Hobo Lobo Saves The Day

For my second blog post, I decided to look at Hobo Lobo of Hamelin. I really enjoyed this piece. I felt like it was easy to follow and that it told a good story. I really liked how the images above resembled a story line. I think that by doing this it allowed the audience to gain a better understanding of the story that was being told. I felt that the pictures used good imagery and color as well helped to add detail to the story. While the images are flat, they still give a 3-D effect to the story, which is also another selling point.

Another thing that I really enjoyed in this story is how the wolf is not seen as the bad guy but is instead trying to help save the city. I really got the setting that this story took place in a medieval town. I think that the story of Hobo Lobo of Hamelin uses a lot of different mixtures of themes such as folklore, satire and comedy. Author and creator Stevan Zivadinovic did a great job of tying all of these themes and genres together to get his message across to the audience.

In the image above shoes not only the artistry but also some of the political satire that was displayed throughout the story. You can see the political propaganda posters in the background. This can be associated with the dark and gloomy looking theme of the photo itself.

This photo is similar to the first one. However here you can see Hobo Lobo standing in front of his professional services stand where he tried to help as many people in need as he can. Hobo Lobo was trying to make a difference in the small renaissance town and bring attention to the towns mayor who was no good for the town and did not care about its people. Hobo Lobo even decided to sue the mayor which I loved! I think it was really nice seeing the character roles reversed and this time the wolf who is normally seen as big and bad, is the one who is the hero and the good guy.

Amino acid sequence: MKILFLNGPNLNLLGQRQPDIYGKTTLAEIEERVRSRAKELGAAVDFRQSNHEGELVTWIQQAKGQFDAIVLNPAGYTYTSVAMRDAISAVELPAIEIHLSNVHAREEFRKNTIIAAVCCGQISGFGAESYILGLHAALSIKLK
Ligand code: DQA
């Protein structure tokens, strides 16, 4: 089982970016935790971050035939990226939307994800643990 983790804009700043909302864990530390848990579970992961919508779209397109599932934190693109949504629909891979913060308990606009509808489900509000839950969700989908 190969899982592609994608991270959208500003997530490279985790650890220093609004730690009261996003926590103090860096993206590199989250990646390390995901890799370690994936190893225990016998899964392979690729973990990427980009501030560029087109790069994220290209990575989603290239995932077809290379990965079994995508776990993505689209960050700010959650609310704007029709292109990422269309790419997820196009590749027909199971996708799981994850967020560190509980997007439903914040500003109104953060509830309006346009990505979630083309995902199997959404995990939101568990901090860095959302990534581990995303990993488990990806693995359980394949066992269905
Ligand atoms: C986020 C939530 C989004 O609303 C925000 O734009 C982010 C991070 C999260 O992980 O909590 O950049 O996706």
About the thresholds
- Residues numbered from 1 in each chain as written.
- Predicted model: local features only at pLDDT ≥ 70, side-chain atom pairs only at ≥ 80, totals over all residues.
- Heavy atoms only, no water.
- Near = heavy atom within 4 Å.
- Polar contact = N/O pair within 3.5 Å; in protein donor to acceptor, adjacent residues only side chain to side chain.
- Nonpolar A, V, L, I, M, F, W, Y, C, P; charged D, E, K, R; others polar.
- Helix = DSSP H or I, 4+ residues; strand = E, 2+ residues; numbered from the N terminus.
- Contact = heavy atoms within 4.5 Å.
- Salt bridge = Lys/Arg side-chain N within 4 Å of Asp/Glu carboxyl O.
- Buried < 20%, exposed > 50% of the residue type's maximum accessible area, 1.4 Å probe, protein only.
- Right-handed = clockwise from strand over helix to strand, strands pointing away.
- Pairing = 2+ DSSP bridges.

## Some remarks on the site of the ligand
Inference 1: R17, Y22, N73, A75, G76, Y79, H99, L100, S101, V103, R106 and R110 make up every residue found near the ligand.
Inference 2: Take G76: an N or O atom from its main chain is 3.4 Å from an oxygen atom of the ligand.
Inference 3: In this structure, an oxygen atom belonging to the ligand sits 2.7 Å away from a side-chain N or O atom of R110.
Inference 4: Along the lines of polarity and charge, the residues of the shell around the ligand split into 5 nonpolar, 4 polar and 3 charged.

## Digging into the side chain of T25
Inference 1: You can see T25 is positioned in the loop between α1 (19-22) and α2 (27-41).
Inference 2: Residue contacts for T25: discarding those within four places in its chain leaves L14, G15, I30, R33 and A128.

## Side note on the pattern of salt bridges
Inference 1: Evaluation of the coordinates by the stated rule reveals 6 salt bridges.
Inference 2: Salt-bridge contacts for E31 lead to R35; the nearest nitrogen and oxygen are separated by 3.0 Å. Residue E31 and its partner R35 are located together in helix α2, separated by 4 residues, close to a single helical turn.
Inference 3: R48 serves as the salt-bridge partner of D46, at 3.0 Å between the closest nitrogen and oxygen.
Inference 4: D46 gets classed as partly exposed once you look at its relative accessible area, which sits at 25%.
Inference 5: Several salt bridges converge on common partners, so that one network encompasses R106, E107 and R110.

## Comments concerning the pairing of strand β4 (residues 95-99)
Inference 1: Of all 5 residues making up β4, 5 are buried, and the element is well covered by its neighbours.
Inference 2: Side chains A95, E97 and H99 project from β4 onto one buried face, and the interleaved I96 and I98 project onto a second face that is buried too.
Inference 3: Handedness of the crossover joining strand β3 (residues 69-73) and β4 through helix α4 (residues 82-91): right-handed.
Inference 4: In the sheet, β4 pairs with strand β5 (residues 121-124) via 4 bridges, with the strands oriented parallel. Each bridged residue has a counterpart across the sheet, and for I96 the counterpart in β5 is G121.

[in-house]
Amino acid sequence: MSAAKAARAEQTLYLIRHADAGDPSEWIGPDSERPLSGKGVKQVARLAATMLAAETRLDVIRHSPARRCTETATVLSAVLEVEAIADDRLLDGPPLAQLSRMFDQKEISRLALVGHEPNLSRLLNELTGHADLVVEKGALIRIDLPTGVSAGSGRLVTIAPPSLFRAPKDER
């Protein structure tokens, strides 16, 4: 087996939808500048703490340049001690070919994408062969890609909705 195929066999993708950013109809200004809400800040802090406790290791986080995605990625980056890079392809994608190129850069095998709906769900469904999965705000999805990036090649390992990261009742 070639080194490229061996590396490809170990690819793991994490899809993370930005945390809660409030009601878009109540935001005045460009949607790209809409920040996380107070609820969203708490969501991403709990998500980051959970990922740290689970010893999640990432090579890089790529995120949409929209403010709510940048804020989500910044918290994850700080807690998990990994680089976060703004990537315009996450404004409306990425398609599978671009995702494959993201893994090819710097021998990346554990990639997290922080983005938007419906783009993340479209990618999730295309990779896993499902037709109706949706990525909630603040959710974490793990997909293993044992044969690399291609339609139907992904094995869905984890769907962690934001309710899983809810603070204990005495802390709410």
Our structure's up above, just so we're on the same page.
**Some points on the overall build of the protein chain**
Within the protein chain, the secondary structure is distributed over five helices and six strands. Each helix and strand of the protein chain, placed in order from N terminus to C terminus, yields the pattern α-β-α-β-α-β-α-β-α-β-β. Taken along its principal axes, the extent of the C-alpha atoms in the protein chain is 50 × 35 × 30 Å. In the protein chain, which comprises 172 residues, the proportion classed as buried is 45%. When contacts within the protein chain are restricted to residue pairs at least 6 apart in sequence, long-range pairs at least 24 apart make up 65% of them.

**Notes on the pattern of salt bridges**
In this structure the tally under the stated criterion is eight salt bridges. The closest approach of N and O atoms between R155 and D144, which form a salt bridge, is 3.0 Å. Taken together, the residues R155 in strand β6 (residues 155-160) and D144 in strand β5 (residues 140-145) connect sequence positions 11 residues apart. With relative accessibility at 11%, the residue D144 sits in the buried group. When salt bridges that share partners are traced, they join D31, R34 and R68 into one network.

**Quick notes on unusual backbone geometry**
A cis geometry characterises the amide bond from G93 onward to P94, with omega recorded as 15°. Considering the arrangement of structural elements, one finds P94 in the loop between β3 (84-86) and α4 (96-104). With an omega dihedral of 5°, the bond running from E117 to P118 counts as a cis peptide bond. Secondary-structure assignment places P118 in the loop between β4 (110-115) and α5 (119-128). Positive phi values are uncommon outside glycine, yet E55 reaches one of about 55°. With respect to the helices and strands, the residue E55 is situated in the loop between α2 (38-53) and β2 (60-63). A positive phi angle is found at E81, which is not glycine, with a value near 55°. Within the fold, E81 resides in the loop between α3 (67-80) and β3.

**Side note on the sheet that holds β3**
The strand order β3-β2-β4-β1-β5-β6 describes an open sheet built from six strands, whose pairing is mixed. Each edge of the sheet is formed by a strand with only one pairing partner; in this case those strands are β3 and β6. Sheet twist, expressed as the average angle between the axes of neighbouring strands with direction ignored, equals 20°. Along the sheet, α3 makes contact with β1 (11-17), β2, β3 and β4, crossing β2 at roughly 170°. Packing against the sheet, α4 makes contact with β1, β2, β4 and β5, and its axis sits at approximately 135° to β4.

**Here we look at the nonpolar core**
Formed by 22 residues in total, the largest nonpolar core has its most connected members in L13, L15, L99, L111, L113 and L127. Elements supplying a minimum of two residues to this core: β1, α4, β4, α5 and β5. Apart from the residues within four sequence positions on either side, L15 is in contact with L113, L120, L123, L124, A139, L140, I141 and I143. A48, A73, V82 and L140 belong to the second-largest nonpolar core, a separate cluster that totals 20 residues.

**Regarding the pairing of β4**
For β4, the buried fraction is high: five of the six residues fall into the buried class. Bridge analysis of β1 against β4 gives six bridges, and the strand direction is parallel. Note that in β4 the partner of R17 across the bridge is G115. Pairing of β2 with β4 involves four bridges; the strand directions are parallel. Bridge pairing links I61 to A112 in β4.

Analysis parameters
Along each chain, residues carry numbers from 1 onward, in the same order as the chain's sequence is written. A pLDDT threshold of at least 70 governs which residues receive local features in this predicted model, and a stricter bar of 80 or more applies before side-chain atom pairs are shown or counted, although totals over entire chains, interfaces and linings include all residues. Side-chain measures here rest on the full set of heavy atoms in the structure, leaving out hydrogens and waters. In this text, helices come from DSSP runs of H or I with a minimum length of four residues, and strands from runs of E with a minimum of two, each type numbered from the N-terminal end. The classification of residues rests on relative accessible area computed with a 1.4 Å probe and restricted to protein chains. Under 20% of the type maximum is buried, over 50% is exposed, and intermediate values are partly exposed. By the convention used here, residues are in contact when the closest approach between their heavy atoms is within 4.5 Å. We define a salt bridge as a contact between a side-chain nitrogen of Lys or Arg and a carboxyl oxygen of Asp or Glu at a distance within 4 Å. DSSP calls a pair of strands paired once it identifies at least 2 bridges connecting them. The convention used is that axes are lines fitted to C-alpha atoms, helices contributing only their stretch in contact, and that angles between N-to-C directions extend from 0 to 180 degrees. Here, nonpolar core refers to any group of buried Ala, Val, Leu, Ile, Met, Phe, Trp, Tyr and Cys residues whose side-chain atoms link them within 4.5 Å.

Overall I really enjoyed this story. This may be a bit of a stretch, but some aspects reminded me of the George Orwell’s novel “Fahrenheit 451”. Especially on page 6 scene 6 and 7 when the radio show is taking place and a conceded mother calls in to talk to the mayor about her kids being outside (which is considered dangerous). He tells the mother to enlighten her children on things they shouldn’t be curious about. This reminded me of Orwell’s novel because in Fahrenheit 451 people were not allowed to enlighten themselves with books, just like in Hobo Lobo, children are not allowed to enlighten themselves with the outside world. I think that this fun and interactive story helps to draw upon similar text and concepts. Overall, I really enjoyed being able to make connections such as this one when I was reading Hobo Lobo. I think that it made the read a lot more interesting and allowed the reader to gain a better understanding of the message that was being portrayed.

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